Kiwi woman Amber Arkell was just 26 years old when her boyfriend discovered a lump, that turned out to be cancer, on her right breast one night while cuddling in bed.
"We were spooning. I'm not a large-breasted woman and I was on my left side and Kieran was spooning behind me and he had a handful of my right breast. He was like 'What's that?' and it's a bit of a heart-sinking moment, when you reach round and feel something," she told the Herald.
"There was nothing we could do. I'm quite realistic when it comes to things I can and can't control and the reality was that I couldn't control anything that night, so I did my best to leave it and go to sleep."
Arkell made an appointment with her doctor the next day but because of the upcoming Labour Weekend and pre-arranged travels visited her GP the following week.
Doctors investigated and two months later it was revealed she had Grade 2 breast cancer, which was later increased to Grade 3 after it was found the cancer was more aggressive than initially thought.
She was advised it was necessary to begin chemotherapy as soon as possible.
After six months of treatment and a double mastectomy Arkell is currently cancer free.
She is now taking the opportunity to educate others around breast cancer awareness and urging women to check their breasts regularly - from as early as 20 years old.
Her blog 'When things went tits up' has documented her journey and she hopes to educate women about breast cancer from a real-life perspective. She is also sharing her story through motivational speaking engagements.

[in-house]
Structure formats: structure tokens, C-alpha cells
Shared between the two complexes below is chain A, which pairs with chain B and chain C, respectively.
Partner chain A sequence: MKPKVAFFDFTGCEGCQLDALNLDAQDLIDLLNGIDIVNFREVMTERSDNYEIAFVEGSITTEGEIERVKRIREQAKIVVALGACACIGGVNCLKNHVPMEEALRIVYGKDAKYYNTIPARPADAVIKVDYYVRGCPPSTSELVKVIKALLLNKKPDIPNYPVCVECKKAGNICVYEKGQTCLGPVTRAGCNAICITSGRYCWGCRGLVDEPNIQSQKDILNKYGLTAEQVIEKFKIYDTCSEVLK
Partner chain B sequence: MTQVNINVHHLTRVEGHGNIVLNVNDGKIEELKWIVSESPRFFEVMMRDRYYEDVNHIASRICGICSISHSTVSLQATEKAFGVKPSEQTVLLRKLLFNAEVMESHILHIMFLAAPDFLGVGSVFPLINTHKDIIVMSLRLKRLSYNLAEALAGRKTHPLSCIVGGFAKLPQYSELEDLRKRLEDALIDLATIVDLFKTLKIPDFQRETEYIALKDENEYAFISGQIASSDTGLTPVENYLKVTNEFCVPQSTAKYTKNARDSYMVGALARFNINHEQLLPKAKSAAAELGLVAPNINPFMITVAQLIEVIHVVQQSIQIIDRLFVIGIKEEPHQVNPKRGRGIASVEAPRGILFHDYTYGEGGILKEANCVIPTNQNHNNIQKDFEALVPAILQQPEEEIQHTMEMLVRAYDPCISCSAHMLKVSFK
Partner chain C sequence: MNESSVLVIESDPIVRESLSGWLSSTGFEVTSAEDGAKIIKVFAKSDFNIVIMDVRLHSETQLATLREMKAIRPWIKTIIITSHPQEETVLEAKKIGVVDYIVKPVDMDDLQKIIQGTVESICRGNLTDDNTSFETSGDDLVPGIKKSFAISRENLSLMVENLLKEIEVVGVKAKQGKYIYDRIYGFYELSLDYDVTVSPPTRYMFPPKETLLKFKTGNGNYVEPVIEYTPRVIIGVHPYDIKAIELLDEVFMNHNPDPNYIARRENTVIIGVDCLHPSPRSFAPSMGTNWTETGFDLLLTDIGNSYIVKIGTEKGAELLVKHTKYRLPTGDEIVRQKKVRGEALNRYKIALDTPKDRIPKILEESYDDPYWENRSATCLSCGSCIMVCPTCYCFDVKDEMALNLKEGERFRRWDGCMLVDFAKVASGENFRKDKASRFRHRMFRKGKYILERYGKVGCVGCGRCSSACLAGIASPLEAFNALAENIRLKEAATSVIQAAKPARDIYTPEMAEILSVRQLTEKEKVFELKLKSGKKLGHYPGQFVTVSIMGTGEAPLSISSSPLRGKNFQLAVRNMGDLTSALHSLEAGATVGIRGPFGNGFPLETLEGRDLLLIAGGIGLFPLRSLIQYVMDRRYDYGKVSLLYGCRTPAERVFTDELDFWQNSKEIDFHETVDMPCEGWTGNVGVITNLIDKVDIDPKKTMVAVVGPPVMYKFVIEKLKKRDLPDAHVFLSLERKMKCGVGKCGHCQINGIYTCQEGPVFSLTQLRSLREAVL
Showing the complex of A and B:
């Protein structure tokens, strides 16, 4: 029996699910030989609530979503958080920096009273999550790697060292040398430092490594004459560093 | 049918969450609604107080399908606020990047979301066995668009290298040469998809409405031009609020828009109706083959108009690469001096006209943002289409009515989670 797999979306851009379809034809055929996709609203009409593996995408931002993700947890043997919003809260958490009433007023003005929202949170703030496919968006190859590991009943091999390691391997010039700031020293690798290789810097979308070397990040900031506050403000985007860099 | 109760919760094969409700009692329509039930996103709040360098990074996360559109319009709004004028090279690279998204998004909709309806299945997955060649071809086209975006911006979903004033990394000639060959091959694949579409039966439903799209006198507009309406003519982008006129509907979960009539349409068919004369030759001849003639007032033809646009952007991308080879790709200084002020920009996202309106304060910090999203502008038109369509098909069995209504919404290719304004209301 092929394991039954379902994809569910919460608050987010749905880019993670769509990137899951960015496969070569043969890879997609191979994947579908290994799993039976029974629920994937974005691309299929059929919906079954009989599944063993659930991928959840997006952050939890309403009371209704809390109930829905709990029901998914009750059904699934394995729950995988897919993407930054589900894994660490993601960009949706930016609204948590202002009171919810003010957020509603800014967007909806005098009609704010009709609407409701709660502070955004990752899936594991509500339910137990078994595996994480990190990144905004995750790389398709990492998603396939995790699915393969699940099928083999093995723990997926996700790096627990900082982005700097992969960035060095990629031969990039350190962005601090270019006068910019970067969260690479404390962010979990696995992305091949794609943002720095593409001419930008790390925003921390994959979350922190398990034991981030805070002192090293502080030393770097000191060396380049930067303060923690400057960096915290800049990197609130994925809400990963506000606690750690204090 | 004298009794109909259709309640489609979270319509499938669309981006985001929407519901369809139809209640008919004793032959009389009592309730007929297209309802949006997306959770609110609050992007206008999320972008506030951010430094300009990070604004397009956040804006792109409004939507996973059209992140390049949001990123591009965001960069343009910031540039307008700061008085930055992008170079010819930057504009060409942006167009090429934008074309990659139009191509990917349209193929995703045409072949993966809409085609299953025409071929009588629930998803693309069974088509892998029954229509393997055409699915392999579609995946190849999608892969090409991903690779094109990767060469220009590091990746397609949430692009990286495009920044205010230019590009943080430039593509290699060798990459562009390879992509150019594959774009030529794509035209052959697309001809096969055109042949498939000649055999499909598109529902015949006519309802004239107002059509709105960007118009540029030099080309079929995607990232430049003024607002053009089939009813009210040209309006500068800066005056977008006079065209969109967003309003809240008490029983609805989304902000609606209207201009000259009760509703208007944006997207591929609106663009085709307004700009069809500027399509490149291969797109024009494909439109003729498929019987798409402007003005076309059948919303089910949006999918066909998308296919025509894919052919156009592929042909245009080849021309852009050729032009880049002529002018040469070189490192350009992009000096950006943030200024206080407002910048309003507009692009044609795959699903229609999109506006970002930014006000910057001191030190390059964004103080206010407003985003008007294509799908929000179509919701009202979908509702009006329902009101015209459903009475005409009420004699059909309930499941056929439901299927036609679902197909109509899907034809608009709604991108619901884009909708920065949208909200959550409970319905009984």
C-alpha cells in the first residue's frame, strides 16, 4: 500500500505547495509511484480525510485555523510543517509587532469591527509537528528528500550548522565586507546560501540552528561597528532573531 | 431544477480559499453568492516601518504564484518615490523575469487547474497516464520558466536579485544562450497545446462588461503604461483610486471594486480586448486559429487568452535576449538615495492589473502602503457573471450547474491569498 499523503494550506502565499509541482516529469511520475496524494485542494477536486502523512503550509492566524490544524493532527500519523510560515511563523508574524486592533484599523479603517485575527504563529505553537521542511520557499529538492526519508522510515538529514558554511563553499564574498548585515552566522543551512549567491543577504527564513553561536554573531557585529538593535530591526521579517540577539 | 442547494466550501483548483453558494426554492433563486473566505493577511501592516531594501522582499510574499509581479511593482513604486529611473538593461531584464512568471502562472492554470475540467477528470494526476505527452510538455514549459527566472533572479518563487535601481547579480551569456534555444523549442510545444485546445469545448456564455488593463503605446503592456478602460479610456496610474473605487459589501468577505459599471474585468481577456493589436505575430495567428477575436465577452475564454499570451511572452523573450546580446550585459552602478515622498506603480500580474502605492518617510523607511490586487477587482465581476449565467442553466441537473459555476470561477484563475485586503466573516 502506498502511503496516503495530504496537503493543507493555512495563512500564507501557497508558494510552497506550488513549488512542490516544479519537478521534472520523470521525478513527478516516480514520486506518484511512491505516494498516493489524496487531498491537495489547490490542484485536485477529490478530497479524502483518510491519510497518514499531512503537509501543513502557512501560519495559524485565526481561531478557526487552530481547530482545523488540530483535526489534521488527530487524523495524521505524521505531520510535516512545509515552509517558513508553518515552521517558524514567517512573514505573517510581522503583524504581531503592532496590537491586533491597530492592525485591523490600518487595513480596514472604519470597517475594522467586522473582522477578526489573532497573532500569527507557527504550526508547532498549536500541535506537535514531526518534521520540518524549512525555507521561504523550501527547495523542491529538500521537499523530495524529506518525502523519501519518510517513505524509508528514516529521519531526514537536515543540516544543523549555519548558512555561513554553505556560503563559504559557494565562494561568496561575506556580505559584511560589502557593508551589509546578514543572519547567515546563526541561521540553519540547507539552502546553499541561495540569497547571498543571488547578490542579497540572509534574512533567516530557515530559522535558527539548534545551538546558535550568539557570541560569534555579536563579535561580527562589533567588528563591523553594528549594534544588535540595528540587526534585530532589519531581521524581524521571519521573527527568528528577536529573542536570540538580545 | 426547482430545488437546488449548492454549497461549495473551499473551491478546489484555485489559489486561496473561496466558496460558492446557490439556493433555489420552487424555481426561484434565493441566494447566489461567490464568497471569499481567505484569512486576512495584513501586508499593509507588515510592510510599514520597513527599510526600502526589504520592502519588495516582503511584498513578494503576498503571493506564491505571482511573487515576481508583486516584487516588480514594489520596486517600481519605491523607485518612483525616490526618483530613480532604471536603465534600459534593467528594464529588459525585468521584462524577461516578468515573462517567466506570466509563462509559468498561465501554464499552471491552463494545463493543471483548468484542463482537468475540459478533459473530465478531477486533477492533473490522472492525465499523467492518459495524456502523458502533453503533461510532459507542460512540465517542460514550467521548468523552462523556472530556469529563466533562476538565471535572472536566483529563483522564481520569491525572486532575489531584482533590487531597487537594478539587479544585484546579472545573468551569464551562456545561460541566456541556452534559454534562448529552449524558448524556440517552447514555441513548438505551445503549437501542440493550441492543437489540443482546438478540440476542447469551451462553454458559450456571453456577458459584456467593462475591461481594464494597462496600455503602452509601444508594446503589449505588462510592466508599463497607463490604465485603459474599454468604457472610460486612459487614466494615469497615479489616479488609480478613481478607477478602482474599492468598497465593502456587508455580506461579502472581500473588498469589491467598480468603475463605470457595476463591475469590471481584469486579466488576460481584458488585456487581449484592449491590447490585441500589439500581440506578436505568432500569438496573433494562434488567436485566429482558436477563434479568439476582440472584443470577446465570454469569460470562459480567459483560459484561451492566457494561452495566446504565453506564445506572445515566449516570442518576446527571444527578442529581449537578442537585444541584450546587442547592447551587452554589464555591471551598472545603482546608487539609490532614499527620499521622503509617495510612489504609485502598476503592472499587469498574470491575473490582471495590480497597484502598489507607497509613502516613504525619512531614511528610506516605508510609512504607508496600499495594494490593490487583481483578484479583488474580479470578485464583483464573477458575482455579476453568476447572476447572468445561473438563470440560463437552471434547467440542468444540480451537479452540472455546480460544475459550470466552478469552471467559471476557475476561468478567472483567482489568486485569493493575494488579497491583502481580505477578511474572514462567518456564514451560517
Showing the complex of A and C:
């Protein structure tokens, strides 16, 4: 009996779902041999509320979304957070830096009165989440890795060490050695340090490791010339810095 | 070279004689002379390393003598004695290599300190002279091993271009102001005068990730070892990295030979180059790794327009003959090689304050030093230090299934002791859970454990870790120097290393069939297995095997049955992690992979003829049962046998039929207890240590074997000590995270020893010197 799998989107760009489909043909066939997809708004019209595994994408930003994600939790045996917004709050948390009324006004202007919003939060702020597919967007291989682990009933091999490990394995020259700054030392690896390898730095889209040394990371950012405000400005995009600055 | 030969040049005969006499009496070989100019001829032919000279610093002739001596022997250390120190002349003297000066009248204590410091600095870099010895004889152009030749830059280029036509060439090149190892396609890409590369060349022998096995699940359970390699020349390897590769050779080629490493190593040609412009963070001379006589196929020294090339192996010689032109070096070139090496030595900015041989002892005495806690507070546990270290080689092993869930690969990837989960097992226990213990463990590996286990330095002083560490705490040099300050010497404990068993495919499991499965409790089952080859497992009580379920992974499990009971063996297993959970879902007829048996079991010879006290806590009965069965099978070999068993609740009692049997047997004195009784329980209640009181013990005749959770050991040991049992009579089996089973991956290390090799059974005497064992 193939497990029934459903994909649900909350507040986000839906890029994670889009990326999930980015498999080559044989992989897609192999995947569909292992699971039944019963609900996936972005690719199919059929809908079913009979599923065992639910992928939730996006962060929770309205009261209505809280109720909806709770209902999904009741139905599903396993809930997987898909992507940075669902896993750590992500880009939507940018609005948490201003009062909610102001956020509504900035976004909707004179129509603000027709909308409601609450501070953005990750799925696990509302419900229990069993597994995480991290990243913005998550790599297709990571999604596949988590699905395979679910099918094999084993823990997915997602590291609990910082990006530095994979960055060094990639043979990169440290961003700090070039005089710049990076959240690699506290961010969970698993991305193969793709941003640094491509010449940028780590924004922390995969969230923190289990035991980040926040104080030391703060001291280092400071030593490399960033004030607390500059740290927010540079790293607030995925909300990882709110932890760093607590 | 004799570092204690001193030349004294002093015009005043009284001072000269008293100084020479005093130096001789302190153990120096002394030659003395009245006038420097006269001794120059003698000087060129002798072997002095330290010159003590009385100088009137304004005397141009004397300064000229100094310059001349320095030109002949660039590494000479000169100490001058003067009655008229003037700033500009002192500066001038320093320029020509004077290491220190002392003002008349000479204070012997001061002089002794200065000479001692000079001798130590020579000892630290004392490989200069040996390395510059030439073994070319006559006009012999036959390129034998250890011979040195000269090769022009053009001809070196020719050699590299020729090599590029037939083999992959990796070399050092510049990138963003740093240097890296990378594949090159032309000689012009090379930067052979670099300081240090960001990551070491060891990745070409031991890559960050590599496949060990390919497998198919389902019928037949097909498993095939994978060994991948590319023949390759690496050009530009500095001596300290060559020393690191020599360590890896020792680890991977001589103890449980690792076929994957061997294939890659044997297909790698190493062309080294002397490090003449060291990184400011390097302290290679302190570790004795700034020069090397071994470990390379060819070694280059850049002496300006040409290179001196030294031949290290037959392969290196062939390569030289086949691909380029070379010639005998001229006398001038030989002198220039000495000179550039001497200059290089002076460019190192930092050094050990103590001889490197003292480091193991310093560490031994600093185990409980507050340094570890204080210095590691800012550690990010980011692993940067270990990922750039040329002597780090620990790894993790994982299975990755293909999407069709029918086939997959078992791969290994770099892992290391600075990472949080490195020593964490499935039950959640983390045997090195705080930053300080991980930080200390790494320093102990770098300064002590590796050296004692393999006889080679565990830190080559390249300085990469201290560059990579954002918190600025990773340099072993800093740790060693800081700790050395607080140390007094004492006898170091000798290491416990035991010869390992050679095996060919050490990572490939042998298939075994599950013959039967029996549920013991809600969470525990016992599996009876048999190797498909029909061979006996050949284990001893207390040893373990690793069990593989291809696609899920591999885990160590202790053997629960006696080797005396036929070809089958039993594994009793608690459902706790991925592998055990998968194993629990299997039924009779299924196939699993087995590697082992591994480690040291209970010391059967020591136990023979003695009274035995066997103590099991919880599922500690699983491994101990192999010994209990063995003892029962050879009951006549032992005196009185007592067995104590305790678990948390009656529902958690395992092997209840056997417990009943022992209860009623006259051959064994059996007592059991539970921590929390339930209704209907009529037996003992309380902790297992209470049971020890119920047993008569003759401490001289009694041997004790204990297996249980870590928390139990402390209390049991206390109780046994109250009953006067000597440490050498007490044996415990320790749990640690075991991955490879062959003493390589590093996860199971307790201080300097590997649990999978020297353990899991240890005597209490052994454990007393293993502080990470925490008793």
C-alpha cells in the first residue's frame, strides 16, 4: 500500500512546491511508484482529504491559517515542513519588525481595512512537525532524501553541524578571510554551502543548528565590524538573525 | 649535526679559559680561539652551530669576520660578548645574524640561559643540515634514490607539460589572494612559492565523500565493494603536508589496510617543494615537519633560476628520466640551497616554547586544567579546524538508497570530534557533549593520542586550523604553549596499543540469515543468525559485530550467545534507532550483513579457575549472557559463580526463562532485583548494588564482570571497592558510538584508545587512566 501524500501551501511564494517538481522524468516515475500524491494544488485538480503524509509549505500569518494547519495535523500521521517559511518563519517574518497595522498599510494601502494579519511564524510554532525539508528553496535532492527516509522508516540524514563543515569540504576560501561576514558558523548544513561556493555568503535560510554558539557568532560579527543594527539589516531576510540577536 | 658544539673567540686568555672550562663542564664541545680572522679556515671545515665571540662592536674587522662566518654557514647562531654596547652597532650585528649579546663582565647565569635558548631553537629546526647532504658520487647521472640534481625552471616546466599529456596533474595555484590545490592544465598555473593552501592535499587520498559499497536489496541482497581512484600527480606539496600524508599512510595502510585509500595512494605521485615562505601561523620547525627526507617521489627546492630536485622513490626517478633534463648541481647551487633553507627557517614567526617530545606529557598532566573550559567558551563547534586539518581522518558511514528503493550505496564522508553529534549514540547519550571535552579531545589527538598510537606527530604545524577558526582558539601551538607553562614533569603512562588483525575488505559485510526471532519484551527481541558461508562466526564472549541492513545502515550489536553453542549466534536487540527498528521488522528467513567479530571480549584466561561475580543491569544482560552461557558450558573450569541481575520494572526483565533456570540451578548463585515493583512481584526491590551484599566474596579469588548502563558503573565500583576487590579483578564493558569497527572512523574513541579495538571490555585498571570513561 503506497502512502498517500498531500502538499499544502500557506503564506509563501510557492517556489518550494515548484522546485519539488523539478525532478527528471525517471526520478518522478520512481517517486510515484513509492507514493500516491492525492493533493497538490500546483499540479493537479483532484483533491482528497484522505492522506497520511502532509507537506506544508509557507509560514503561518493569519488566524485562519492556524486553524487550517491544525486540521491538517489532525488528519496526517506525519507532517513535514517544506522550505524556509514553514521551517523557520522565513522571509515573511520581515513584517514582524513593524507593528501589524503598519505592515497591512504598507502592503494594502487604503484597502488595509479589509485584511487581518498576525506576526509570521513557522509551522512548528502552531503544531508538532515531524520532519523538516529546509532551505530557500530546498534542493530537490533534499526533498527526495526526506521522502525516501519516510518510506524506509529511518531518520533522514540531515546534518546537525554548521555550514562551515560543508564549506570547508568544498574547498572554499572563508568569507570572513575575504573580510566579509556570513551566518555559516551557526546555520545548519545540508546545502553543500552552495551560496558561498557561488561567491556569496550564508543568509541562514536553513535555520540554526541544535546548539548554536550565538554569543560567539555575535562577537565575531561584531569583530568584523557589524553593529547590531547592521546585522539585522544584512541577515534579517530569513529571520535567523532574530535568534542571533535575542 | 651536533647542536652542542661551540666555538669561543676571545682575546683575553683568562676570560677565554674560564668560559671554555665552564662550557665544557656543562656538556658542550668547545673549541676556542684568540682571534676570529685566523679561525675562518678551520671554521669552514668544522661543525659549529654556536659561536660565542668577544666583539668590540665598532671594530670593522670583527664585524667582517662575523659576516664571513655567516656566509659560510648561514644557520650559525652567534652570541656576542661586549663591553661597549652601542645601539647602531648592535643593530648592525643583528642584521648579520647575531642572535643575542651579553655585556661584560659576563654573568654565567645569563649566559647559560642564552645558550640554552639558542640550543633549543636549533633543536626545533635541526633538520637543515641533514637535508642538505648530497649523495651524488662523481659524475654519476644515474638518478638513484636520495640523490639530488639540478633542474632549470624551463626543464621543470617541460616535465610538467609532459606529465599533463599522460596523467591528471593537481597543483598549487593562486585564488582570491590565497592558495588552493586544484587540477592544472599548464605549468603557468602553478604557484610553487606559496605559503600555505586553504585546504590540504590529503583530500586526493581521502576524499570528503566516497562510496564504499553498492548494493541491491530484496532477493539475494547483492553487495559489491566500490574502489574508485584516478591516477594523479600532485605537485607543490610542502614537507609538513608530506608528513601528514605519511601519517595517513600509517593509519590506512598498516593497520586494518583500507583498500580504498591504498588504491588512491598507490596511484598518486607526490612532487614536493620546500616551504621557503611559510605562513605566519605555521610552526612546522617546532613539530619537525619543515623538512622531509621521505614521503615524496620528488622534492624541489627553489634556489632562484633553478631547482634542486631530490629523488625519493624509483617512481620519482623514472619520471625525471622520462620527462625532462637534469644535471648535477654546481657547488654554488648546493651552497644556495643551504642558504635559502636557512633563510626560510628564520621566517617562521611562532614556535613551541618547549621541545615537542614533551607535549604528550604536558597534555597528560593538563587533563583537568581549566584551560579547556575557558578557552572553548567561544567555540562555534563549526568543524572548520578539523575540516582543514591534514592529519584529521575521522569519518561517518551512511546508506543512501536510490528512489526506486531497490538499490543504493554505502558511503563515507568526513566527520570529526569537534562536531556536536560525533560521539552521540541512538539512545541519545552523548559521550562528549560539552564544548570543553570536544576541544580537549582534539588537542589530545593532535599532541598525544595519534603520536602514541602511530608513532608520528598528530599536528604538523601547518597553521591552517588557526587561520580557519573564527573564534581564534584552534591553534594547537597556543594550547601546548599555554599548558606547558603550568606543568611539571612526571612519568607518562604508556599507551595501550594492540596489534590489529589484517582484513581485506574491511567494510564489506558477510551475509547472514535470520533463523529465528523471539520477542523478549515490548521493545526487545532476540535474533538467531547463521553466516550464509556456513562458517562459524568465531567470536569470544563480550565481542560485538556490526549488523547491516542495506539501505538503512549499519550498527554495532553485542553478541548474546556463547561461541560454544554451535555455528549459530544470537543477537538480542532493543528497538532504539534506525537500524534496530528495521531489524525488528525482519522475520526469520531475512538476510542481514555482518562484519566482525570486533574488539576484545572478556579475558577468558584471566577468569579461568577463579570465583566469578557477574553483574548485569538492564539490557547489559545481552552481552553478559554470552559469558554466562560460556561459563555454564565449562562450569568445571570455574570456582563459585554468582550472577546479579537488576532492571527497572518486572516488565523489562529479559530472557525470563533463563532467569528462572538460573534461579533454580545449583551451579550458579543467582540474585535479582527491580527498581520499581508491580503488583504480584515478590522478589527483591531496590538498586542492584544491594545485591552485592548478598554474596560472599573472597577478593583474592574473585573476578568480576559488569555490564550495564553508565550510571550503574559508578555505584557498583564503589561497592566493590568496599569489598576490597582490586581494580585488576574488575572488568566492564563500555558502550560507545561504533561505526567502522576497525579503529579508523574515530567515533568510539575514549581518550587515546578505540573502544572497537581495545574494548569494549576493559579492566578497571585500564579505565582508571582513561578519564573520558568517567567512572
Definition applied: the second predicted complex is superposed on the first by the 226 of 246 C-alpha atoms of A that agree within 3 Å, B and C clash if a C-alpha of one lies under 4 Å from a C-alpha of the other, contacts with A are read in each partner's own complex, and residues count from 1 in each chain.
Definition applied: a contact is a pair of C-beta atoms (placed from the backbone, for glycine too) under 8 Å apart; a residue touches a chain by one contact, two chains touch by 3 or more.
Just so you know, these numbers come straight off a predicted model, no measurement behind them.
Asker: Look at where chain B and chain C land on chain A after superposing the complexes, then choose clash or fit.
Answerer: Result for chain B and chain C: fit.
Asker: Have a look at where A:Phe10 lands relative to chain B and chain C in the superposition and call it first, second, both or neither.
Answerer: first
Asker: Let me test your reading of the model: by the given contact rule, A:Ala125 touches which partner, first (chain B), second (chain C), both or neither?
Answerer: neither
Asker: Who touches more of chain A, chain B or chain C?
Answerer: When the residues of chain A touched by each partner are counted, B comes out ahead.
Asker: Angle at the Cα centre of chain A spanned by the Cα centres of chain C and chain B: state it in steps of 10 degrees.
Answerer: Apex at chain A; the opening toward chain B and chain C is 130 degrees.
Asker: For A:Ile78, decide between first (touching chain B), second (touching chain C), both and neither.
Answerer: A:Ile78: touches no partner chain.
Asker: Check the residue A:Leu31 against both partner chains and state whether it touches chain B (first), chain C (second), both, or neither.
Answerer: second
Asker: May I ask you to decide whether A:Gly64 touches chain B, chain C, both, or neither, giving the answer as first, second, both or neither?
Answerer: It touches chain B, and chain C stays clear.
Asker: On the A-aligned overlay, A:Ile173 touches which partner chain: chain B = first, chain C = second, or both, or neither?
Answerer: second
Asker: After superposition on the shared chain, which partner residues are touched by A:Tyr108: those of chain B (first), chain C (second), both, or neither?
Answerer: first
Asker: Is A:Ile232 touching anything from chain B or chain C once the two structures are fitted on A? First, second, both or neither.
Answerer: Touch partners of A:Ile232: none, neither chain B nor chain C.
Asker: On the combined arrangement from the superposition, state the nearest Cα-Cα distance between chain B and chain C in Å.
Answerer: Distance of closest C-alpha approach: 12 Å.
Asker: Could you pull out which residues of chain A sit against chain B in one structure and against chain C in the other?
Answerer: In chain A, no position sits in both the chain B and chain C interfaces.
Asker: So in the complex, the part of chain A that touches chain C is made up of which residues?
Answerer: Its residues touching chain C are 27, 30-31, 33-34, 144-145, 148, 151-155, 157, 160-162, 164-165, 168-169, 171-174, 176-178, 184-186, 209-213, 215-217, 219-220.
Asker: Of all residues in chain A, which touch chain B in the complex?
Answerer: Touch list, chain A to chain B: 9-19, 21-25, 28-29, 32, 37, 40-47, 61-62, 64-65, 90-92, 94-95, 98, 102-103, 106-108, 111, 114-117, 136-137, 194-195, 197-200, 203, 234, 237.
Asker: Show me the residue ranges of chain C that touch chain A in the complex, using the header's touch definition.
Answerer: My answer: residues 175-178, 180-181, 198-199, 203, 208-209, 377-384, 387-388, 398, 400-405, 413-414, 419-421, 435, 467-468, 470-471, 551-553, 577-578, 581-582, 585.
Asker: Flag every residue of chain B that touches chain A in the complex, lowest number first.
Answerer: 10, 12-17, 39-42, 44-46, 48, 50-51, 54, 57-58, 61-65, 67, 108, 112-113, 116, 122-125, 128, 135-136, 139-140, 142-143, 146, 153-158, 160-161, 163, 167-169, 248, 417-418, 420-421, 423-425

She told the Herald: "It was very natural to me to want to openly share because once we did find out that I had breast cancer ... I knew that it was a very rare thing to have had happen, but I was very concerned that at 26 years of age I was not aware that I should be doing self-examinations from the age of 20. I had no clue."
She believes there is a common misconception among young women throughout the world that breast cancer only effects people over 40 years of age - the recommended age to start having regular mammograms, which she knows too well is false.
With almost 4000 subscribers to her blog already Arkell was delighted to have recently found out she has been awarded the Kiwibank Local Hero Medal for sharing her journey through her blog and her efforts to encourage women to do monthly self-examinations.
She said it was very unexpected as none of her work was ever about recognition so it was "amazing" to find out.
For Arkell's health going forward it is now about creating an environment in her body that cancer doesn't thrive in.
More than 600 New Zealand women die from breast cancer each year. For information on self-checks and warning signs head here.